Fr. Ron Rolheiser, omi


October 11, 1999

In the literary world a distinction is made between a critic and an artist. A critic assesses things, an artist produces them.

Would that we made such a distinction within theology and Church circles because what we most desperately need today is not more criticism but more art, not more theological critics but more Gospel artists.

This is particularly true as regards the issue of evangelization in the Western world. It is pretty generally agreed upon that we need a new inculturation of the Gospel, a new look at what communications technology is doing to us and a new model for adult education. Everywhere there is a sense that the old ways no longer work well enough and that we need a breakthrough.

We are not short on energy, literature and courses on the subject. We are just short on results. Despite our best efforts, we are nowhere near a breakthrough.

Why? Because, first of all, it is easier to make a diagnosis than to find a prescription. Hence, the literature is long on diagnostics but short on real remedy.

I say this with sympathy. It is not easy to know what we should be doing today to more effectively give the faith to our children. As a result, most of the time we talk about the problem, point out how important it is and go on to say that we must address it.

Valuable though this is, ultimately, it is still talk about process, about starting conversations, about paradigm shifts, and about our present malaise. None of it is the Gospel itself. It is criticism in the technical sense, valuable in its own way.

But the critic is not the artist. The critic talks about something that somebody else produces. In the end, he does not write the play, paint the canvas or make the music. The artist does. He or she produces what the critic talks about.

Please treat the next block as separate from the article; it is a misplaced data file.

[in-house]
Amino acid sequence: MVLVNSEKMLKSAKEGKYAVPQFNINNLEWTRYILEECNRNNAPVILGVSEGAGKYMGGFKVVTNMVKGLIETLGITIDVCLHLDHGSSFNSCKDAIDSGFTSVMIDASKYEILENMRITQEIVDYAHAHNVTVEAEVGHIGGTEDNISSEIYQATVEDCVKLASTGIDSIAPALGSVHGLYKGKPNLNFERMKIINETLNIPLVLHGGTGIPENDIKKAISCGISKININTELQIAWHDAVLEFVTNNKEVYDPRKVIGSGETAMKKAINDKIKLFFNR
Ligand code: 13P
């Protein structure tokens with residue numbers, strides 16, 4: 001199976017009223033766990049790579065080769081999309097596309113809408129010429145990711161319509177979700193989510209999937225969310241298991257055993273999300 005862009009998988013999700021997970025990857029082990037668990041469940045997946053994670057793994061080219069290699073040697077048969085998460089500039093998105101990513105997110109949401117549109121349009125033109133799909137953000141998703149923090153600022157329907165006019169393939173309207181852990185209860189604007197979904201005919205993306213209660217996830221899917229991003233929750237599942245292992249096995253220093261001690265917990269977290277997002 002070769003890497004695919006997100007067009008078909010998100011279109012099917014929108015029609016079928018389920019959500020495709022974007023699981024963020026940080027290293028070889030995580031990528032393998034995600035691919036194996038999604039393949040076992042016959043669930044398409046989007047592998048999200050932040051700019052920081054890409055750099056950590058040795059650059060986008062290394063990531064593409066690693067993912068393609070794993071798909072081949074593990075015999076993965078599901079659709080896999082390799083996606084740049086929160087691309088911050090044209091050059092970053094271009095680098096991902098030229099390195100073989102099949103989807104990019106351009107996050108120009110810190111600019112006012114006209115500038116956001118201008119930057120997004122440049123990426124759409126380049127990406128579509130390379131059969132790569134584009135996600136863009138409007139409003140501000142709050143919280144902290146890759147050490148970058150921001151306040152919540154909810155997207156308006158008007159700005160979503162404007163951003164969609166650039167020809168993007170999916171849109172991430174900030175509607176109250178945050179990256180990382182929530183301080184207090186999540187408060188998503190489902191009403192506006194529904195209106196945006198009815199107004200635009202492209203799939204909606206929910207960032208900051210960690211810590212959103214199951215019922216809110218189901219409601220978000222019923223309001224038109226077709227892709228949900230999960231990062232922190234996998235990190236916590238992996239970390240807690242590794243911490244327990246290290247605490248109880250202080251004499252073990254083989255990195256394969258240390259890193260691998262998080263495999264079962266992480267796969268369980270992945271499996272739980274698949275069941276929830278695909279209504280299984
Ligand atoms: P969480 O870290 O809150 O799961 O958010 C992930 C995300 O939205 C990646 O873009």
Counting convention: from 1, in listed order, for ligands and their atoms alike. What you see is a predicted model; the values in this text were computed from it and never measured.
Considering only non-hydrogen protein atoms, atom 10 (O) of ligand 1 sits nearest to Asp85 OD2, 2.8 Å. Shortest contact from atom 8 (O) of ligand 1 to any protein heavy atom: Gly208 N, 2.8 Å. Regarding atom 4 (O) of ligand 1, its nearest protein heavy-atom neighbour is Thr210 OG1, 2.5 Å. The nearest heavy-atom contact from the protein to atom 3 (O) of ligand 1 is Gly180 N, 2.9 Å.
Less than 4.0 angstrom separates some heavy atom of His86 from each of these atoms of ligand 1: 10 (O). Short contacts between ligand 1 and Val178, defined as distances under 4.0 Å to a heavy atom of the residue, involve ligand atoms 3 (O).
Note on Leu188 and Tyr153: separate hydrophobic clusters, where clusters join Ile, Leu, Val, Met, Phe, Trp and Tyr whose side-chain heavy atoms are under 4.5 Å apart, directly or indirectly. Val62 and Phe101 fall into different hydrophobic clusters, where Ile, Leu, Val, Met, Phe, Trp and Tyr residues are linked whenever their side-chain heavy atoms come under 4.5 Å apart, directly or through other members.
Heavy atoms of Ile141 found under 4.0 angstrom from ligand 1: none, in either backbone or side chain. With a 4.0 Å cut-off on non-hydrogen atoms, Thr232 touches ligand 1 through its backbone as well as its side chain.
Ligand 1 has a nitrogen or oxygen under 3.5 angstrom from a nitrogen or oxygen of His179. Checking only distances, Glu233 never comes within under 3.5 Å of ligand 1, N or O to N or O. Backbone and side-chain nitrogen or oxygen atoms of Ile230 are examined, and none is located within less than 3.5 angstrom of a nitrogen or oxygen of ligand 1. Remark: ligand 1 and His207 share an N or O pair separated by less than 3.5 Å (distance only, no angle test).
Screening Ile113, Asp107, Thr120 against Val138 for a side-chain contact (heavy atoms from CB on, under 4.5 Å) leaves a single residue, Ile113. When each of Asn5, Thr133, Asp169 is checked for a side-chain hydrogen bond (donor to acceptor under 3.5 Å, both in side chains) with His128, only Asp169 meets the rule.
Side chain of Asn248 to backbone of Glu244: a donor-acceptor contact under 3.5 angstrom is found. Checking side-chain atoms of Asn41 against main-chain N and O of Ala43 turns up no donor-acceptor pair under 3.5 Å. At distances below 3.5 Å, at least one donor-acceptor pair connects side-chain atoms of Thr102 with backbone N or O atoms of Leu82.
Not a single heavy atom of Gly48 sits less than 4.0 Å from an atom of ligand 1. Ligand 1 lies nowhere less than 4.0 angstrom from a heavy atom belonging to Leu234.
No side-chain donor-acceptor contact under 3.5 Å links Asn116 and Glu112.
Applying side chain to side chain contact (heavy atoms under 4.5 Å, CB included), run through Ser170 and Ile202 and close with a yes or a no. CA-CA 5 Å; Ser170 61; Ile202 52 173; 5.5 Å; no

Too often in theology and Church circles, because we do not distinguish between criticism and art, criticism passes itself off as theology. The result is that we get ever more sophisticated analytical tools but do not produce much at all.

Our poverty today as regards evangelization is not so much lack of good critical thought as lack of good artists, Gospel artists. What we lack are theologians, preachers, teachers, songwriters, painters and the like who can make new images that can take the word of God, with all the timeless truth and revelation it carries, and give it genuine aesthetic expression within today's experience. No easy task. Good art never is.

Moreover this involves infinitely more than simply finding a better technique, a more sensitive process or using the media in more sophisticated ways. Good preaching or teaching (religious "art") is never a question of being the cleverest, of using the most modern techniques or sensitive processes, of finding the really imaginative stories, or even of having a fertile imagination.

It is, first of all, having within oneself a real integration of faith, personal integrity, genuine empathy, and the capacity to carry tension. That is the initial basis, though more is required to be a religious artist. To be a Gospel artist, one has to create a new language. Unless, like a Mother Teresa, one's very person has become a sacred word, it is not enough to simply repeat the classical words of Scripture, dogma, Christian history and classical piety – good and true though these be in themselves.

To preach effectively is to make up a new language, as the original Gospel writers did and as good art does. In this case, that language has to carry the truth of revelation, fire the imagination, speak directly to actual experience, and have such an inner rhythm and aesthetics, such an integrity of sound and image, that it implants itself naturally in the mind and heart as a software.

Trying to do this is in fact like learning a foreign language, only more difficult, because in this case you have to create the language as you learn it. There are no short-cuts to this. Like learning how to play the piano or figure-skate, it takes countless hours of painful work to get anywhere and the initial efforts are generally discouraging.

The good news though is that some of it is happening. Slowly, partly in baby talk, a new language for preaching and teaching is emerging.

We do not, as yet, have a new St. Augustine, but among others in the Henri Nouwens, Thomas Mertons, Daniel Berrigans, Jim Wallises, John Sheas, Elizabeth Johnsons, Robert Barrons, Richard Rohrs, and Mary Jo Leddys of our time we see some fragments of real Gospel art. We need to show some of this to our children.